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Amazon Echo Dot 3 Release Date & Feature Rumours

Amazon’s Echo Dot is one of the most popular smart speakers out there. It costs just £49, or US$49.99, so plenty of people who would otherwise avoid new-fangled (and expensive) gadgets have bought one and are dipping their toes into the smart home waters and playing with Alexa.

Amazon is putting its full weight behind Alexa, the AI assistant which makes its Echo speakers smart. It is constantly updating its capabilities and even enabling it to answer seasonal and event-based queries such as the World Cup and Father’s Day.


The range of products you can now buy with Alexa baked in is staggering, and it’s only likely to grow in 2018. 

In a YouGov survey published in April 2018, it was revealed that Amazon Echo's family of devices still holds a staggering 75% of the UK market, at least among those surveyed.

Whether Amazon will launch an updated version of the Echo Dot remains to be seen, though. Arguably it’s still a first-generation product even though Amazon calls the UK version ‘second-generation’ by virtue of its very slightly different design and internals to the original US version.

We've got a potential first glimpse of the new device in the leaked images below, as seen on Numerama. If they're genuine and not just photos of a Chinese knock-off, then the new Echo Dot looks slightly bigger than the original and has fabric around the edge.
When is the Echo Dot 2 release date?
Amazon tends to release devices in September ready to hit the big sales in the run up to Christmas.

What we do know – via The Information - is that Amazon is busily developing its own AI chip that’s likely to be used in a future range of Echo devices.

It’d be unthinkable that there wouldn’t be an updated Echo Dot with this chip, as it would be the entry-level model that tempts people to try out Alexa.

What features might the Echo Dot 2 have?
The leaked images indicate that the design hasn't changed too much, with four button on top and holes for the array of far-field mics. 

The big change is a softening of the plastic shell with the addition of a fabric strip around its circumference.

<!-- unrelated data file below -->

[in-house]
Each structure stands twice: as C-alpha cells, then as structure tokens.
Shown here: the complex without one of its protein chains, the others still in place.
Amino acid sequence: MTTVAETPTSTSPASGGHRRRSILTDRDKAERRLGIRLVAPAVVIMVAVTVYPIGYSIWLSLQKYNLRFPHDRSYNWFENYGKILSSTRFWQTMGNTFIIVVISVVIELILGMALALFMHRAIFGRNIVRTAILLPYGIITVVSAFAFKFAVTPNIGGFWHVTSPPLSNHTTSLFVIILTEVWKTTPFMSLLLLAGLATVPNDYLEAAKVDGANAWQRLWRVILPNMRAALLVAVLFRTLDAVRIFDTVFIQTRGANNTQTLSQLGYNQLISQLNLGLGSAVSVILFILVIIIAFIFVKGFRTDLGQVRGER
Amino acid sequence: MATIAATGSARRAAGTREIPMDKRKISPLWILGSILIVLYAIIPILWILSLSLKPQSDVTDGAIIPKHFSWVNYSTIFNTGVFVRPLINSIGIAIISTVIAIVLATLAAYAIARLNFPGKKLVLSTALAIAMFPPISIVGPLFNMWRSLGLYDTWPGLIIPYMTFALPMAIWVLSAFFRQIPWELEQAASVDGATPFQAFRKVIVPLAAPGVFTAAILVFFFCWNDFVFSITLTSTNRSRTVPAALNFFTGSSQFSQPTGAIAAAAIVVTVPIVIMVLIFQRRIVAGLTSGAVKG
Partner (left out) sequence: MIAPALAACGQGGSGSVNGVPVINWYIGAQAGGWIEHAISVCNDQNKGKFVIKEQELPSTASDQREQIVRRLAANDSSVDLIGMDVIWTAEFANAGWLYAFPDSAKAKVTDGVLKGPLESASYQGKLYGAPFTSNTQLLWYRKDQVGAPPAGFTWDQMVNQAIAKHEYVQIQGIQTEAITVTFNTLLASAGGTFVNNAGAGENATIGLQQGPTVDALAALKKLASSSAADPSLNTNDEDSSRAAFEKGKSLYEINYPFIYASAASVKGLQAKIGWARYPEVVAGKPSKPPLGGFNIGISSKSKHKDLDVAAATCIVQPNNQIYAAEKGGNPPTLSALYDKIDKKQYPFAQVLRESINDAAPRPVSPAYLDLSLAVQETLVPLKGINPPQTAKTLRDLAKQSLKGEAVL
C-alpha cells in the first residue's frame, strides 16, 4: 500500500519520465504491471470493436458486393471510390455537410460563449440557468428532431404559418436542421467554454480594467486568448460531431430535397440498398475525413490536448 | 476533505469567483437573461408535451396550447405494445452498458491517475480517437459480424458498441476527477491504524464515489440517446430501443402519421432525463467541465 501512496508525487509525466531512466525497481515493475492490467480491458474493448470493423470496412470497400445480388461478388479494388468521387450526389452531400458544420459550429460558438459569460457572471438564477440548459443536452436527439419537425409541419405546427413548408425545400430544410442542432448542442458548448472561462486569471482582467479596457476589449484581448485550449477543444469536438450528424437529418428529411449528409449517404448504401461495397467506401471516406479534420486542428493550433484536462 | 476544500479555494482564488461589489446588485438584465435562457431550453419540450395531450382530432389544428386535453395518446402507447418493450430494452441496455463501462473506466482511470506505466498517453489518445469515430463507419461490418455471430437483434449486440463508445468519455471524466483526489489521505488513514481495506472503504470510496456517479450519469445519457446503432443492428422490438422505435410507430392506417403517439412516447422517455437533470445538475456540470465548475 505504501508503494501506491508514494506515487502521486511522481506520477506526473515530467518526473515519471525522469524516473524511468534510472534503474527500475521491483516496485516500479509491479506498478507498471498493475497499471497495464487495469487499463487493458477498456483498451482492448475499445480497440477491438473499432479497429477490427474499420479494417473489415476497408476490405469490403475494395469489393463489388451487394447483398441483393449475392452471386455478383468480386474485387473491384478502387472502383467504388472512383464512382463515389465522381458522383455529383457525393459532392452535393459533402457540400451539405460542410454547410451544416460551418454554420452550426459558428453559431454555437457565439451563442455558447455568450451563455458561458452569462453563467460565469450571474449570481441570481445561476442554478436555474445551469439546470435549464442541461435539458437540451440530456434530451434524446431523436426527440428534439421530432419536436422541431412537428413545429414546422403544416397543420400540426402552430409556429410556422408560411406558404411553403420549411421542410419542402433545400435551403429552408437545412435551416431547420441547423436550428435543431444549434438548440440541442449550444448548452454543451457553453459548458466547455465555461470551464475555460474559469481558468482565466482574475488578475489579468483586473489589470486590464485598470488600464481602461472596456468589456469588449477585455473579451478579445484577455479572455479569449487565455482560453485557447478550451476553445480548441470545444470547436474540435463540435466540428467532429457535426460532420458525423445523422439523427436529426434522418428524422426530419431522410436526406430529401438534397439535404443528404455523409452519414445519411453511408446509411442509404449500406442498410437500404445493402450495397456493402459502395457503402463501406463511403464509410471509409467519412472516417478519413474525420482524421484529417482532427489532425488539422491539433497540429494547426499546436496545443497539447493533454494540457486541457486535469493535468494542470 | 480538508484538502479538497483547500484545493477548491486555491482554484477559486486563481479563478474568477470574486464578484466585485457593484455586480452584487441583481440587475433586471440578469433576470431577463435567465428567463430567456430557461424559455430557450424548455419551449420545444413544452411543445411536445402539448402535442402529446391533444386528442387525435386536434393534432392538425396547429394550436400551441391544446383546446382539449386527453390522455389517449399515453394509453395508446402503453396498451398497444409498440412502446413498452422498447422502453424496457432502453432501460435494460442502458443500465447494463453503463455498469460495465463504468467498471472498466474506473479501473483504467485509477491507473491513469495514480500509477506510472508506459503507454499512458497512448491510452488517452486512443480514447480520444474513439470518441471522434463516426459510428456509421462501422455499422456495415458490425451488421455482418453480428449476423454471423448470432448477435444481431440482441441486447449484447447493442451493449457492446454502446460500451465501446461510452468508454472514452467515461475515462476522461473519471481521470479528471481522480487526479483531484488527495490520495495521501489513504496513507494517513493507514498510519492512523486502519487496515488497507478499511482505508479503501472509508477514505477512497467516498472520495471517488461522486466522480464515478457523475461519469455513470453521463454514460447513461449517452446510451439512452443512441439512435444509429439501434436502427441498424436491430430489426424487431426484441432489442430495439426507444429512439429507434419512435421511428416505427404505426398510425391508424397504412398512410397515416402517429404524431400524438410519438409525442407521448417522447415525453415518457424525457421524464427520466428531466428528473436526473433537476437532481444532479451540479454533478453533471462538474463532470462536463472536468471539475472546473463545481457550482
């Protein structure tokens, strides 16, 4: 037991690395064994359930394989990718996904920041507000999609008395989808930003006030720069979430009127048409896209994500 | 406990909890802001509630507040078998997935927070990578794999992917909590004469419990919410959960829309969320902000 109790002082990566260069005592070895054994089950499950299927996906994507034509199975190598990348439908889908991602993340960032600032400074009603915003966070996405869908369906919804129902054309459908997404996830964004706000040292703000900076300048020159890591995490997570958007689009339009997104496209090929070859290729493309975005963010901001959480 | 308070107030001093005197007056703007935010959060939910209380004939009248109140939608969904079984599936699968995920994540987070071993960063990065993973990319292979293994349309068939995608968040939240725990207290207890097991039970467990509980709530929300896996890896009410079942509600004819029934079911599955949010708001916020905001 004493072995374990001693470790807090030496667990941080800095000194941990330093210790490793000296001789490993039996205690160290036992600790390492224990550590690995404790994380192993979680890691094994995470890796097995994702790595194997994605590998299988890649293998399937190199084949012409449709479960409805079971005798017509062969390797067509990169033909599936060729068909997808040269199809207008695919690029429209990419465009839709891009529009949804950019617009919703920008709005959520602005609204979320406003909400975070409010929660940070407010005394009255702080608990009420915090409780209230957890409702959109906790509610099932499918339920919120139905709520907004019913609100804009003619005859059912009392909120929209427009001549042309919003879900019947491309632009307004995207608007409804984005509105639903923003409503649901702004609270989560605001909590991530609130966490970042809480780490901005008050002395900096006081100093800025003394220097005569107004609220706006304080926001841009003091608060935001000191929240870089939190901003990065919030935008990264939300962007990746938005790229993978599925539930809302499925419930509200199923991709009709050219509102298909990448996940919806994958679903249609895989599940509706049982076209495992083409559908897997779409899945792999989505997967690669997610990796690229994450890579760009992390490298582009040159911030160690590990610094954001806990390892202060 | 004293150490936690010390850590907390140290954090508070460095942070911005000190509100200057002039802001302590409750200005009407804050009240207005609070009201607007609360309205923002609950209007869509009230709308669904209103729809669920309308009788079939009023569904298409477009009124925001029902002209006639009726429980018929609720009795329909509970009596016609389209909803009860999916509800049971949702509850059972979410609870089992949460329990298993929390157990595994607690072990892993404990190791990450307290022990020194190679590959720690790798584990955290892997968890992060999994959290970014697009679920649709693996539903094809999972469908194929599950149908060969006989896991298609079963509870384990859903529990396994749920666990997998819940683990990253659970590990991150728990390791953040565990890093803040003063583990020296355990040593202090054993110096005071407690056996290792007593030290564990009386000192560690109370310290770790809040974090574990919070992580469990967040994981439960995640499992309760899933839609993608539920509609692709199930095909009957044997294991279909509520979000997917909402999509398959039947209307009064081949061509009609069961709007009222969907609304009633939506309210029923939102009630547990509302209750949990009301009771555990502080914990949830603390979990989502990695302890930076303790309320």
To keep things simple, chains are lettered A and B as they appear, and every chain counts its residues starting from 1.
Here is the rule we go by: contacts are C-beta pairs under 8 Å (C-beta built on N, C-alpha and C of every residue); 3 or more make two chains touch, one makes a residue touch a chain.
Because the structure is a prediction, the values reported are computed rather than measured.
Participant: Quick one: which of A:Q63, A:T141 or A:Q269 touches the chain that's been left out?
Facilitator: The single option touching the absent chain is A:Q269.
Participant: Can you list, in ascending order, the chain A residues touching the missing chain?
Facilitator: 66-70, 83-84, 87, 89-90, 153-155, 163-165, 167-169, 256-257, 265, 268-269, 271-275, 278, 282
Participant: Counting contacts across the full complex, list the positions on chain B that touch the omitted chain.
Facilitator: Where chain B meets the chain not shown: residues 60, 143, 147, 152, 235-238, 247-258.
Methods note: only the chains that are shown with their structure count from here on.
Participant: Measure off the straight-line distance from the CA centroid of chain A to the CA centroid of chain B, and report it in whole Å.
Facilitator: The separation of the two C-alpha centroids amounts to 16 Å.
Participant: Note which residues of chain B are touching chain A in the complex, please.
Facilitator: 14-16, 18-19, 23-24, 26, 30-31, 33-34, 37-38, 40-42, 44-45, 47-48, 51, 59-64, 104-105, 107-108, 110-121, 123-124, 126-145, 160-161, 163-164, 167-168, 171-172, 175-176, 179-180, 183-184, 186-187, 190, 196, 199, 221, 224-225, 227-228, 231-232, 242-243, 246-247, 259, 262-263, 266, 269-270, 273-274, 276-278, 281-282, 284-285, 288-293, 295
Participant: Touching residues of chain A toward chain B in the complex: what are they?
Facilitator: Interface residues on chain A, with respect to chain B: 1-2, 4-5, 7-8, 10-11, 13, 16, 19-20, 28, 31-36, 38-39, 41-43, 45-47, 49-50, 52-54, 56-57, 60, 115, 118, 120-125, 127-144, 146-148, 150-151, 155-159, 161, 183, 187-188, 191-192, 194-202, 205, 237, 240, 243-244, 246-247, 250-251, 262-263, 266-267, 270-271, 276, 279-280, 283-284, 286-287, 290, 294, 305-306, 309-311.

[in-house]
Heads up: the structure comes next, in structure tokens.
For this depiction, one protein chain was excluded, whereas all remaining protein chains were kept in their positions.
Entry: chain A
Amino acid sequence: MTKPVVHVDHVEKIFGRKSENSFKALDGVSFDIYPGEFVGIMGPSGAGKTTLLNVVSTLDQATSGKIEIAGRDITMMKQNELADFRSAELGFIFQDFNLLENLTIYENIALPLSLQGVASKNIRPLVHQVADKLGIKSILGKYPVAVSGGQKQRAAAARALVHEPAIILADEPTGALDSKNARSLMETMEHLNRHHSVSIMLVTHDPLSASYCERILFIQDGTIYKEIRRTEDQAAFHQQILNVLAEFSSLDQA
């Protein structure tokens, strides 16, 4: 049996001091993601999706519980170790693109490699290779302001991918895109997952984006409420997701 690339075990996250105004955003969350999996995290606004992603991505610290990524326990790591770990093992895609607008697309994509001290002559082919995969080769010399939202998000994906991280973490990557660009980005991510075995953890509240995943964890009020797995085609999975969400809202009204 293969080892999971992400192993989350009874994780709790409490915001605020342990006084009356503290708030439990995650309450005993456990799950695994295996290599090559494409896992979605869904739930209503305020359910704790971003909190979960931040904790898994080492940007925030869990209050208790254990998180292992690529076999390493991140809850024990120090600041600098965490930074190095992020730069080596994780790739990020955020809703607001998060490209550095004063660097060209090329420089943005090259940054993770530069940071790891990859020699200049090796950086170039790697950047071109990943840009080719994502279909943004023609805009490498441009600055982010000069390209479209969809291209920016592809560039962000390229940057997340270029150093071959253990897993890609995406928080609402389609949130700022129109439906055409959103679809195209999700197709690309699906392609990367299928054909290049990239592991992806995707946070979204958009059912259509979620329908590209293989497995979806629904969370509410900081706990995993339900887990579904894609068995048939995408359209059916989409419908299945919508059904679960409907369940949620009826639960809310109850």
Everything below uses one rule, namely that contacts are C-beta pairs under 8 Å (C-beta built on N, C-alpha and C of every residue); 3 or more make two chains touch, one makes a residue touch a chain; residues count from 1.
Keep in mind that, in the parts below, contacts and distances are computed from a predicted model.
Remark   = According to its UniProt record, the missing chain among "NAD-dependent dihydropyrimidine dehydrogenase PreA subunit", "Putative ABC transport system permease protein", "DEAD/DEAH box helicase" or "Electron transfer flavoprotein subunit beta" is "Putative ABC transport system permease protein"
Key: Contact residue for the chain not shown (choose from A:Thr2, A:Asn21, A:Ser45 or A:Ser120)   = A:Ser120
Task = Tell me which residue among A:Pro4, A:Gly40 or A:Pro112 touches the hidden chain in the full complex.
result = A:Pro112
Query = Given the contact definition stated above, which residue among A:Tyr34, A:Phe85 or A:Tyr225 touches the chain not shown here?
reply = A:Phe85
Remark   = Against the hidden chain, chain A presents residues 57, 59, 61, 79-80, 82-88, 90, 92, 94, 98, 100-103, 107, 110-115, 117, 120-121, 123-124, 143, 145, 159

The only other rumour is the aforementioned AI chip. This is key, though, as it would mean that Alexa could answer your questions more quickly and – in theory – with better and more correct information.

Currently, all AI assistants record your speech and send it over the internet to a server where the audio is processed to turn the sound into text. That is then processed again to figure out what it means. Only then can Alexa proceed to do what you’ve asked or give you the information you want.

Although certain questions - such as those information requests - will still rely on an internet connection to read out a Wikipedia summary or similar, others will be processed locally on this AI chip in your Echo.

That should speed up the response time considerably so when you say “Alexa, turn on the lights” the action should be pretty much immediate rather than the few-second delay you experience currently.

There’s another benefit to on-device speech processing: it can’t be hacked. Or, at least, it makes it significantly harder to get that data because it isn’t being transmitted over Wi-Fi or outside your home at all.

We’re beginning to AI chips in devices already: Apple, Google and Huawei already use custom-designed processors which have the capacity to perform some recognition locally without needing an internet connection.

Really, it’s a win-win because it reduces internet traffic and server load, and improves response time for users. Whether these chips will make Alexa noticeably more intelligent, though, is another matter.

As any Echo owner already knows too well, Alexa will often do the wrong thing, having not understood what you were asking or thinking you said something different.

So we’d love to see improved speech recognition in the Echo Dot 2, plus an Alexa that’s actually intelligent.

We’d also like better sound quality, but the same diminutive dimensions. As rumours begin to surface about the Echo Dot 2, we’ll update this article.




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